Monday, January 27, 2014

Using a Chromebook Offline

chromebook from
From Wikimedia Commons
Chromebooks continue to gain traction in education, and they can be an awesome tool for students to support Common Core and much more.

Here's a list of Chromebook Apps that can be used offline. They also, obviously, run online as well, and are considered best in breed by various folks... You can also use the base Google Apps for Education Tools, like:
  • Docs - edit and view
  • Gmail - write and view
  • Calendar - create and view
  • Spreadsheet - edit and view ("new" spreadsheets) 
  • Presentation (Slides) - edit and view
  • Drawing - edit and view
For schools, you can allow the 'offline' capability by going to the Google Apps Admin Console, then select Google Apps - Setting for Drive, then General Settings, and finally "Allow users to enable offline docs."

Learn more about offline capabilities here and more specifically about Chromebook offline access settings  - looks like it's 'automagically' enabled, I believe.

After a quick search, here are a few no-brainer offline tools for you to consider.

Google Keep - A note taking app that I use and love. Automatic syncing across devices, too. This is on a short list of apps that has actually helped me get more organized.
Pixlr Express - Free offline photo editing with basic functions like cropping, resizing, rotating, color and contrast adjustment, and effects. It also allows you to open and save files directly to and from Google Drive. Of course, there's an even more simplistic photo editor built into Chromebooks image viewer app. 
Lucidchart for drawing flowcharts, mindmaps and so on, Lucidchart is one of the best.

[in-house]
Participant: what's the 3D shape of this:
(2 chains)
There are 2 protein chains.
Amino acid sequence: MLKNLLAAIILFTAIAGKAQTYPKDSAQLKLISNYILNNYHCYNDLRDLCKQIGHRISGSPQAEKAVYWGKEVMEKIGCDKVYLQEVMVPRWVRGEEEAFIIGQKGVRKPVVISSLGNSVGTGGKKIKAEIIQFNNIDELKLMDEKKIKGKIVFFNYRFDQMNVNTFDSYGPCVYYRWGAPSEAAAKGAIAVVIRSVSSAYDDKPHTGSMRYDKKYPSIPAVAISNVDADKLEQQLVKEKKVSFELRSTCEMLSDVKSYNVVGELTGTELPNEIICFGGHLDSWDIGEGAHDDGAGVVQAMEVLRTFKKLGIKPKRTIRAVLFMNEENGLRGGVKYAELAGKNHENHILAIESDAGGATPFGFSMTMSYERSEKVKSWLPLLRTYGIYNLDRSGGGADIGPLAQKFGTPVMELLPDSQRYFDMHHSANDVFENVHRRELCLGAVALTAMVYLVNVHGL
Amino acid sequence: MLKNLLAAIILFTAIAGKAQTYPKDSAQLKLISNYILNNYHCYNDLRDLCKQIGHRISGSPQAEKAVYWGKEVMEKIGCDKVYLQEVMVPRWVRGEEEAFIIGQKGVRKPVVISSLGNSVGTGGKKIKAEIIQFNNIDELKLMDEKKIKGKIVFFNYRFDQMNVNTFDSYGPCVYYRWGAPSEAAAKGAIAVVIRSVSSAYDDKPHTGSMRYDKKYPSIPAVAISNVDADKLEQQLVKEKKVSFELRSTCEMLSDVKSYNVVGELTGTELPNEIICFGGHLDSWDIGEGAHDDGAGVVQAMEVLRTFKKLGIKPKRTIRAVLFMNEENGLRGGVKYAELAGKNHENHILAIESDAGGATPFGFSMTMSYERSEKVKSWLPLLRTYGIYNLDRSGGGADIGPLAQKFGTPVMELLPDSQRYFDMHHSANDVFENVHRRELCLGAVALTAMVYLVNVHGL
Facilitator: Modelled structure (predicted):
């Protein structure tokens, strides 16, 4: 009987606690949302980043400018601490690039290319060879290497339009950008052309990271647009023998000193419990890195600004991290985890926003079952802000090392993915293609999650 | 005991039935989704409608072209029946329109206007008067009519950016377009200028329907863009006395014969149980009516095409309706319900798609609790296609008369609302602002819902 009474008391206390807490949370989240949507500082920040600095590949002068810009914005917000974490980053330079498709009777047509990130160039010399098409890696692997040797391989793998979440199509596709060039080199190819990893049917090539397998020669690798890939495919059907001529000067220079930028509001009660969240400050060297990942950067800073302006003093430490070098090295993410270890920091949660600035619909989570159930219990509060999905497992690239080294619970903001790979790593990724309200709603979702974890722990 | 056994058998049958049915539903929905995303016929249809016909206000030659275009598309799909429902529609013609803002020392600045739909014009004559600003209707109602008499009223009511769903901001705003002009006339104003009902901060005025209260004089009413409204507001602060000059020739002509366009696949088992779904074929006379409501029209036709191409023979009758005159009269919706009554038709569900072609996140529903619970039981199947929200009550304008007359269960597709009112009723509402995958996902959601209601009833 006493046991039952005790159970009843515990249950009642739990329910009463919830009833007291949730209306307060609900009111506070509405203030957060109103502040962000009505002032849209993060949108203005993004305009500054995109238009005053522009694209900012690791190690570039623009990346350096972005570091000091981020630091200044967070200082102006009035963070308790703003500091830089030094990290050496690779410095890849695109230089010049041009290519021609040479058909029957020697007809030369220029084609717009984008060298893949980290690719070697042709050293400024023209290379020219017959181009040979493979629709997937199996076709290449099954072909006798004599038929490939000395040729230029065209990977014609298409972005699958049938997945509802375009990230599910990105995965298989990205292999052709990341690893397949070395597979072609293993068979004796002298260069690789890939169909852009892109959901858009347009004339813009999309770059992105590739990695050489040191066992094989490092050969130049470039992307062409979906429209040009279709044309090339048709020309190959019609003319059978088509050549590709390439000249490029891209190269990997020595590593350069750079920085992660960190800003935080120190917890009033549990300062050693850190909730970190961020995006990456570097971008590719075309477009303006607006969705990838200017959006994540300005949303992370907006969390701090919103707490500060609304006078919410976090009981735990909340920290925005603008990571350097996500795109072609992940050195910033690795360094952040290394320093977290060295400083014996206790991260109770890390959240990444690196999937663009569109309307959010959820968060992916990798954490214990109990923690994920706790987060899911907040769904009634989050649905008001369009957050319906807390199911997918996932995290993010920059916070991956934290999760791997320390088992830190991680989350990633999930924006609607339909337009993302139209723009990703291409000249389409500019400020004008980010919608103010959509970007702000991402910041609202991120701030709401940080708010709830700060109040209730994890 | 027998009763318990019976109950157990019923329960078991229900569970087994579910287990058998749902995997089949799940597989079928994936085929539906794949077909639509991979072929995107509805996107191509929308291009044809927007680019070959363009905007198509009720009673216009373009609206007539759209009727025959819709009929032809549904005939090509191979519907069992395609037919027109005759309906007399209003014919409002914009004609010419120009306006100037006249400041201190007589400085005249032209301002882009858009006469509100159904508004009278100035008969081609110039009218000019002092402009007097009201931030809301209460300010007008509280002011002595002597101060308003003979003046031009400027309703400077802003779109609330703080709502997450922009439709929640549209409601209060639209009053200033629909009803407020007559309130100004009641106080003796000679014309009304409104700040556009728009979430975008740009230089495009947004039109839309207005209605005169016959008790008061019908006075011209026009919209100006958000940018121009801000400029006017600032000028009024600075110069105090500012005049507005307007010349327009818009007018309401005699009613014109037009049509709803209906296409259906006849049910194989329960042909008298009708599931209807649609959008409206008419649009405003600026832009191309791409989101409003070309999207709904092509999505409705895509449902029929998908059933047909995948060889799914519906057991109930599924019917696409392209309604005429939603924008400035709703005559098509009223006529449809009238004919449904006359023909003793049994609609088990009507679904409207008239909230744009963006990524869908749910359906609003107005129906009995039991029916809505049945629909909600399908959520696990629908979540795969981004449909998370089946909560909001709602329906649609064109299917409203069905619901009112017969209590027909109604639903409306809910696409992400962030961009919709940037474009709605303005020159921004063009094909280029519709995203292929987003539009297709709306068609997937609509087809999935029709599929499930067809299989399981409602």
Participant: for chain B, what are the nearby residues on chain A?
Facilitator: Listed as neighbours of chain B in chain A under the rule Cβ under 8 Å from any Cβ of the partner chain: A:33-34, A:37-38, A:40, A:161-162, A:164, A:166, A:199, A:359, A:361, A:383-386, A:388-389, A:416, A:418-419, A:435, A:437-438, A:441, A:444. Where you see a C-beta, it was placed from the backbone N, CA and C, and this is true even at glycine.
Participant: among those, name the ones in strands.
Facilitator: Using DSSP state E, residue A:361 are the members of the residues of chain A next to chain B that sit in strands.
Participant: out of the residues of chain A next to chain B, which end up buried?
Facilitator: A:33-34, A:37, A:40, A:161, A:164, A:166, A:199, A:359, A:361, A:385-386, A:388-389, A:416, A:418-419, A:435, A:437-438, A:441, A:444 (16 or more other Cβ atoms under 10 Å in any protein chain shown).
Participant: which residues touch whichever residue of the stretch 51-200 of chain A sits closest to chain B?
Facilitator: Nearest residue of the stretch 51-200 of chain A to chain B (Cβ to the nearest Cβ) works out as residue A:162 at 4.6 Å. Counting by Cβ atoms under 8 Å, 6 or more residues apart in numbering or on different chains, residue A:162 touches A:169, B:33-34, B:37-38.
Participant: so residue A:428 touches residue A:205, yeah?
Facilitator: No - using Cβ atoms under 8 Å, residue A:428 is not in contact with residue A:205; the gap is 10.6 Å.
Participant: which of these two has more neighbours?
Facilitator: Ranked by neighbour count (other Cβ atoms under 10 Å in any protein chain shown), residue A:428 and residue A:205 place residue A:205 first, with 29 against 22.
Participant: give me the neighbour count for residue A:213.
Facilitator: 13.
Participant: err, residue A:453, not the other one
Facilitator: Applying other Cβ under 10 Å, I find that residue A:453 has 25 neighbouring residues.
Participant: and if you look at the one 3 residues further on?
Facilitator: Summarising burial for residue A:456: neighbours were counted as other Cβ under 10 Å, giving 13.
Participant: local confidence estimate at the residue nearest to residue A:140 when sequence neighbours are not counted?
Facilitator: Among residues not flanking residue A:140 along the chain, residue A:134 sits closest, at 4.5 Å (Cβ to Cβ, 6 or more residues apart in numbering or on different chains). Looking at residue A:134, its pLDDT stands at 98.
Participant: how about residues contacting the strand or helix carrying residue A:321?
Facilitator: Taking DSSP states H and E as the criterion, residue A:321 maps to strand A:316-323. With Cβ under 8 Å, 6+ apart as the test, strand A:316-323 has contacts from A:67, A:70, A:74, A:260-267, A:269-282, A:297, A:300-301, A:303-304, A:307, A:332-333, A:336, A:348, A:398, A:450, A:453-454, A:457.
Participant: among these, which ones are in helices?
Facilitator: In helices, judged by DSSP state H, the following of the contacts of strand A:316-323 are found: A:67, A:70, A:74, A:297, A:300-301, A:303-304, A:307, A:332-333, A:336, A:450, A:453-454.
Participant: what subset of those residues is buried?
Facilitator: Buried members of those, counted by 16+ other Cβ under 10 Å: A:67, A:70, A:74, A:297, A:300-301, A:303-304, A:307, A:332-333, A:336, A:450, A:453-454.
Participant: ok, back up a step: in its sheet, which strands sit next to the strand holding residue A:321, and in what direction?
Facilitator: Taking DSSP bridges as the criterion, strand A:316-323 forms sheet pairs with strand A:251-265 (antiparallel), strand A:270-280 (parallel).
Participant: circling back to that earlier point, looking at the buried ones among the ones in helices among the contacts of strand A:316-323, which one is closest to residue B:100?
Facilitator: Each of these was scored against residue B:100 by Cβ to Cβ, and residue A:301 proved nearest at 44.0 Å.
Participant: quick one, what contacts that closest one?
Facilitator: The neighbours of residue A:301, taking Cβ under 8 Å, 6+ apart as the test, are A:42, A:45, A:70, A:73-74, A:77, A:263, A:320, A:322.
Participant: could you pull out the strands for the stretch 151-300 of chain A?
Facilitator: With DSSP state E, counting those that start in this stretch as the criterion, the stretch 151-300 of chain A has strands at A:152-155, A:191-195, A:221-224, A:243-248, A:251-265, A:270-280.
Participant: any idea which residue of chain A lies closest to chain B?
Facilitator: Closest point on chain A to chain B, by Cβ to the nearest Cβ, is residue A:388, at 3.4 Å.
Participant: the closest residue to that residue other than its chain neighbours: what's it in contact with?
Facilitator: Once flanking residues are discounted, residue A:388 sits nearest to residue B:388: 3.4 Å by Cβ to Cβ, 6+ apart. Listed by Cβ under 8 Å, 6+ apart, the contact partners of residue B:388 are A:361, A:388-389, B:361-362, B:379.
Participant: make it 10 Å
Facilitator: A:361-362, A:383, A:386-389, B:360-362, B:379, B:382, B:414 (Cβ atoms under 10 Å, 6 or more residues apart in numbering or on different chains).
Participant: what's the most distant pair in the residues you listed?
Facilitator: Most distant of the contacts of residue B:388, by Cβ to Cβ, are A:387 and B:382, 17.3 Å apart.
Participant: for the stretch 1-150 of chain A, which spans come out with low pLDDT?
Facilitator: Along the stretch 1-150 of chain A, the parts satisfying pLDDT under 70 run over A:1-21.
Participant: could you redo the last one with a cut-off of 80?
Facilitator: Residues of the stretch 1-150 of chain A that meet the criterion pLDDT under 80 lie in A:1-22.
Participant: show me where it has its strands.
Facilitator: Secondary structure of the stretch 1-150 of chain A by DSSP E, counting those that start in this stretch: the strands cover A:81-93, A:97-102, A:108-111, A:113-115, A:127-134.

This citeworld post helped jog my memory about the three apps listed above. 

From this Fractus Learning post, here are four more keepers: 
Desmos Graphing Calculator - self explanatory title, I think.
Geogebra - interactive geometry and algebra app very useful for demonstrating/visualizing math concepts. 
BioDigital Human- great way to understand and visualize the workings of the human body.
Planetarium - again, self explanatory, I think.

Media and such
Of course, the built-in media player allows you to listen to music, watch videos and so on for anything already loaded to the Chromebook's solid state drive. Here are a few more...

Kindle Cloud Reader - for your Kindle Library.
Google Play Books for reading books, pdfs, etc. offline. If you've acquired the book from Google, the full capabilities are intact (highlighting, etc.). For uploaded books and pdf's, you won't necessarily get all the built in capabilities.
Readium for Epub format books (haven't tried this yet). 

Here's another fairly comprehensive list of apps for Chromebook available offline, from the Chromestory blog.

For you start-from-scratch types, here's the definitive list of Chromestore apps that run offline.

Please fill in this quick form with any Chromebook offline "keeper" apps you and your students use.

Results can be seen here.

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